After ISIS, What's Next for Iraqi Christians?

After ISIS, What's Next for Iraqi Christians?

The bells in churches across northern Iraq may have been rung again during Christmas, but the future is unclear.

Christmas has been a dangerous time for Christians in Iraq. In 2013, three bombings targeted Christians in Baghdad, killing 38. Two days before Christmas 2016, there were reports that at least two Christian men were assassinated in Baghdad’s Ghadeer neighborhood. The attack targeted shops alleged to sell alcohol. Vian Dakhil, a Yazidi member of parliament, tweeted a condemnation.

In October, the Iraqi army and Kurdish Peshmerga launched an offensive to liberate Mosul from the grip of Islamic State. They also liberated Christian towns and villages on the Nineveh plains. Bakhdida, once home to fifty thousand people, was retaken on October 21st and the Christian town of Bartella was liberated the same day. In addition, areas where Christians lived in Bashiqa, and monasteries and church in Tel Keppe were retaken. But what the Assyrian Christian community found left behind was destruction by ISIS. Romeo Hakkari told Kurdistan 24 that “in some parts 80 to 90 percent had been destroyed.” He is the Secretary General of the Bat al-Nahrain party, one of several Christian political groupings that emerged after the 2003 war.

As Christmas came to Iraq, the remaining Christians attended mass throughout the country. Most Iraqi Christians are Catholic and observe the holiday on the 25th. An estimated two hundred thousand became refugees from ISIS persecution in 2014. According to Juliana Taimoorazy of the Iraqi Christian Relief Council there were 1.6 million Christians in Iraq before 2003 and around 150 thousand today. These remaining faithful live on a land of ancient Christian presence. Taimoorazy, who is a Christian from Iran, says that Christianity is reputed to have come to Iraq with St. Thomas the Apostle. In 2015, ISIS destroyed St. Elijah’s monastery, razing 1,400 years of history to the ground. Yet secure behind the Kurdish and Iraqi army frontlines, Christian monasteries survived the onslaught and communities, such as those in Ainkawa, Irbil, and Baghdad. They also took up arms to fight ISIS, forming several Christian militias. These militias are allied with different political parties in Iraq. For instance, the Nineveh Plains Forces (NPF) in the Christian village of Telskop are closer to the Peshmerga, whereas the Nineveh Plains Units (NPU) are closer to the Popular Mobilization Forces or Hashd al-Sha’abi.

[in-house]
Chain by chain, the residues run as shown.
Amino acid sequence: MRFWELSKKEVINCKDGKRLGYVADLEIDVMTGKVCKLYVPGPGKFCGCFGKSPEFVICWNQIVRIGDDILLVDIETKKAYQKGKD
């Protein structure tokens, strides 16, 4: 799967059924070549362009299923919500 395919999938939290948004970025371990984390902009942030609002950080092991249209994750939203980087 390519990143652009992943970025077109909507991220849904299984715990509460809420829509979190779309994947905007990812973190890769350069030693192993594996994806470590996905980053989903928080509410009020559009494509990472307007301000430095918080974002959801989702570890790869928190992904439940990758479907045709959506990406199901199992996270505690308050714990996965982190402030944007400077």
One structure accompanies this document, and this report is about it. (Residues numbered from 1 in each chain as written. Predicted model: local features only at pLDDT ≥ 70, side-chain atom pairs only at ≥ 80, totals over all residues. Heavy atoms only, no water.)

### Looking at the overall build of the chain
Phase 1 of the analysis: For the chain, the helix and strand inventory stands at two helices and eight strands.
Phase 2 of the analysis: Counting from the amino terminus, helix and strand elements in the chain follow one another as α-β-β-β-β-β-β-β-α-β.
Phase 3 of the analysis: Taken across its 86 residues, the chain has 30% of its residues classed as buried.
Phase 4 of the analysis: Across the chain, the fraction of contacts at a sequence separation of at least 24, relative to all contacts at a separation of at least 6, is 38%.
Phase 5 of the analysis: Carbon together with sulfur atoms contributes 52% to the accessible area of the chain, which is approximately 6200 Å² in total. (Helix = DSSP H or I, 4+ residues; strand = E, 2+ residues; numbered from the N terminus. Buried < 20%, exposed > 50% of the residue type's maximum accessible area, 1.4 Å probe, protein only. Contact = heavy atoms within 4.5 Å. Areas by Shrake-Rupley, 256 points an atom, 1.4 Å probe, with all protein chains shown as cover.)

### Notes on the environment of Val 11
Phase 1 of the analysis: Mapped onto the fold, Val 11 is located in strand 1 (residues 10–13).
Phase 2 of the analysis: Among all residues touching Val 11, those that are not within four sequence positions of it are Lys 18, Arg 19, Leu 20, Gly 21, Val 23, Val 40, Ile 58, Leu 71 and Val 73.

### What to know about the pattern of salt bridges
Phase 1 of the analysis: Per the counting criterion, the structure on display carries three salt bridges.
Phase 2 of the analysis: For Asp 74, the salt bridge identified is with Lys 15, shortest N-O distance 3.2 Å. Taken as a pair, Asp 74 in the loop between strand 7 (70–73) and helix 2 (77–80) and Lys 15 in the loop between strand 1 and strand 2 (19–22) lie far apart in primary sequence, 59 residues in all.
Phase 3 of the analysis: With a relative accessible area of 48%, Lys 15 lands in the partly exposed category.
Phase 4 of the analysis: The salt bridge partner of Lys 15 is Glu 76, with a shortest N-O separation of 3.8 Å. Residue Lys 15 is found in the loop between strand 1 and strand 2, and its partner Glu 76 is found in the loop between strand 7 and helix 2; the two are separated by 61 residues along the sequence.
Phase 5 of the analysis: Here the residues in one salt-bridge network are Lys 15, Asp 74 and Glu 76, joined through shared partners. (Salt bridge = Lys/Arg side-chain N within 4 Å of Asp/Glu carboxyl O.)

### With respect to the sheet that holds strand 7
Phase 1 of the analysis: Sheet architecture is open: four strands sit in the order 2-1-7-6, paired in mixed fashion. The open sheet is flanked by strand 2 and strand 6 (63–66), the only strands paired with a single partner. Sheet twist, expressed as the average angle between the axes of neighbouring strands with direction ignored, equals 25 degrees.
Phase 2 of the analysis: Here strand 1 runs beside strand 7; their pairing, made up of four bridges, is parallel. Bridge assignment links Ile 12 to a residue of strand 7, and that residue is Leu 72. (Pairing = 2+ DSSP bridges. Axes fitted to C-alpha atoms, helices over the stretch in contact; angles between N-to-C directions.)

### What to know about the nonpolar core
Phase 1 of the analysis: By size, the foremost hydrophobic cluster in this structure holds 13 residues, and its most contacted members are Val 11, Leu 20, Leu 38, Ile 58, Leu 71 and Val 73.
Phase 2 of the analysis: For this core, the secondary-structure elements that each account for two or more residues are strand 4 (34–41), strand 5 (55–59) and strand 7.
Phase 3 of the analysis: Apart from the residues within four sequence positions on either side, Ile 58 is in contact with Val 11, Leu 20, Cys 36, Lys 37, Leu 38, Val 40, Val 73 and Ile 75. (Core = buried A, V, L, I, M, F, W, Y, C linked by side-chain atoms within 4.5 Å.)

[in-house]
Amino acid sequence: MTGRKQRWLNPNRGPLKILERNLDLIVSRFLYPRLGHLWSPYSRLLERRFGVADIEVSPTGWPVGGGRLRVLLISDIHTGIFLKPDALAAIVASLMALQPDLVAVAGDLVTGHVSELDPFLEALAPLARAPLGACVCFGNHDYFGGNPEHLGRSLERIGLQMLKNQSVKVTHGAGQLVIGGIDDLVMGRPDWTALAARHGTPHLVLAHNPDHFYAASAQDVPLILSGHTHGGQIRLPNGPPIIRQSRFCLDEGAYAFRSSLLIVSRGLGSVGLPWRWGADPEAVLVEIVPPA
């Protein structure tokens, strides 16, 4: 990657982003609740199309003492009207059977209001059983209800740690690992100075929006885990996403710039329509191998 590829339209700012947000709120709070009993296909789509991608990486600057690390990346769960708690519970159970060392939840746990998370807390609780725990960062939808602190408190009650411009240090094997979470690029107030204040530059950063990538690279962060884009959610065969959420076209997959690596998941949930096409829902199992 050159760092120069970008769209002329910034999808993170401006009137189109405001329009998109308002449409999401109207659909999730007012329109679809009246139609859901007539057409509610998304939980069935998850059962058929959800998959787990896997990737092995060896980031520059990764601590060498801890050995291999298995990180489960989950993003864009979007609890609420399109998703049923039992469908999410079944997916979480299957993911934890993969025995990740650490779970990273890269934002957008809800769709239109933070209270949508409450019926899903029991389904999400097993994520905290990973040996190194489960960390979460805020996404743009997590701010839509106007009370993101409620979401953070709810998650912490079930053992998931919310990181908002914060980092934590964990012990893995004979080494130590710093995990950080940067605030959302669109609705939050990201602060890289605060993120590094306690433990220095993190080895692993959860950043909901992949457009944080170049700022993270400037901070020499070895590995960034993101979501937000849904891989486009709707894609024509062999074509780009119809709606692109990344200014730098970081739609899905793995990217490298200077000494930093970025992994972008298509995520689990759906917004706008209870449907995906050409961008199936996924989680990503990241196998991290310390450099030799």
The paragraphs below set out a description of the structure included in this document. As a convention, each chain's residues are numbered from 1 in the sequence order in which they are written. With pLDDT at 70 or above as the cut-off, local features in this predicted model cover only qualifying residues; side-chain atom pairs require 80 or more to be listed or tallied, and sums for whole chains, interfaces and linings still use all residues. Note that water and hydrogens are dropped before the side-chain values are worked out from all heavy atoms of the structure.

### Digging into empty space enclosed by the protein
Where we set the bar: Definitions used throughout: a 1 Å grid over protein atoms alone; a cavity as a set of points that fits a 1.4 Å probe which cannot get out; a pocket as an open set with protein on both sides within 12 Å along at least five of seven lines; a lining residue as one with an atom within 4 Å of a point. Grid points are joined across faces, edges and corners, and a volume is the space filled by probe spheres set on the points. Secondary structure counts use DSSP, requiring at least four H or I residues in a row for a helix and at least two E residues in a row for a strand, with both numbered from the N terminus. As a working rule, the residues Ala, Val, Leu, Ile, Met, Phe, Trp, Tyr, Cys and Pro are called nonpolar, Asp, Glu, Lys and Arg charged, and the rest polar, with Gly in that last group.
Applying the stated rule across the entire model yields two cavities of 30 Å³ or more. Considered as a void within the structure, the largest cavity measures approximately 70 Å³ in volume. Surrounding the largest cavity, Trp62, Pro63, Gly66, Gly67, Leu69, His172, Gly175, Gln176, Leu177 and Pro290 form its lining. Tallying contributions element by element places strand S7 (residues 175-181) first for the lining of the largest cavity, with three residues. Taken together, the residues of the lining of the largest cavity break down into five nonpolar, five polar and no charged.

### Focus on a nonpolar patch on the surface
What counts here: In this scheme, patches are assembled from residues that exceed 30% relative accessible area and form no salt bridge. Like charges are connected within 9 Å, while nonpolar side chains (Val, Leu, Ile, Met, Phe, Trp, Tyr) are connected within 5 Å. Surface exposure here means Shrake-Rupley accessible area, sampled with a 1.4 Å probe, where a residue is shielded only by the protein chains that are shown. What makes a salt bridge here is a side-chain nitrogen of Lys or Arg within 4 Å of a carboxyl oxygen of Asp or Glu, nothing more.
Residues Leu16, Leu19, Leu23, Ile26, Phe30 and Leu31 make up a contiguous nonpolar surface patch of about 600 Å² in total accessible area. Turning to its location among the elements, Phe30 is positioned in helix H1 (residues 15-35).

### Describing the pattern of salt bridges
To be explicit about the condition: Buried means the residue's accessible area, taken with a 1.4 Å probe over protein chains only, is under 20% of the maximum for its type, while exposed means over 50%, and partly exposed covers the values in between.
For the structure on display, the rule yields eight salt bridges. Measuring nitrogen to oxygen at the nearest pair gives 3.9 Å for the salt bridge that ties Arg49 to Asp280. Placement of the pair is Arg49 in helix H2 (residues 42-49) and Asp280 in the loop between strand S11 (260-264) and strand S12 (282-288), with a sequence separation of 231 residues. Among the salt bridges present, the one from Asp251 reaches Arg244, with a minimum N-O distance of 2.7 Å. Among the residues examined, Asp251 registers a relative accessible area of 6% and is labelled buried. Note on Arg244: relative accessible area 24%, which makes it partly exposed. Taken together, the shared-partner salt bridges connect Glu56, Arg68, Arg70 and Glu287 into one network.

As the Nineveh plains have been liberated, these differing forces have worked hard to show off their credentials. Kurdish Peshmerga paraded in a church in Kirkuk and the Kurdistan Regional Government has broadcasted itself as a protector of the area’s Christians. However Assyrians also want support for rebuilding in Nineveh plains and greater autonomy.

Athre Kado, media spokesperson for the NPU says that his organization was started out of the Assyrian Democratic Movement in August 2014.  This was after ISIS had expelled Christians from Mosul. “The number of men who registered reached two thousand and ADM worked to get permission from the Iraqi government in September.” They eventually set up a training camp near Sulaimaniya, Kado says in an email. By January 2015, around 750 men were housed there and supported financially by the Assyrian diaspora and other supporters. They deployed in several places, including Alqosh, a Christian town near Duhok that overlooks the Nineveh plains and where the tomb of the Prophet Nahum is located.

“The coordination for making the [training] camp with the Peshmerga, which are the force that controlled the Nineveh Plains militarily, took more than nine months,” he says. By November 2015 men were completing basic military training and living in caravans without electricity. They lacked proper equipment. Through October 2016 an additional group of three hundred and then two hundred militia members received permission to train.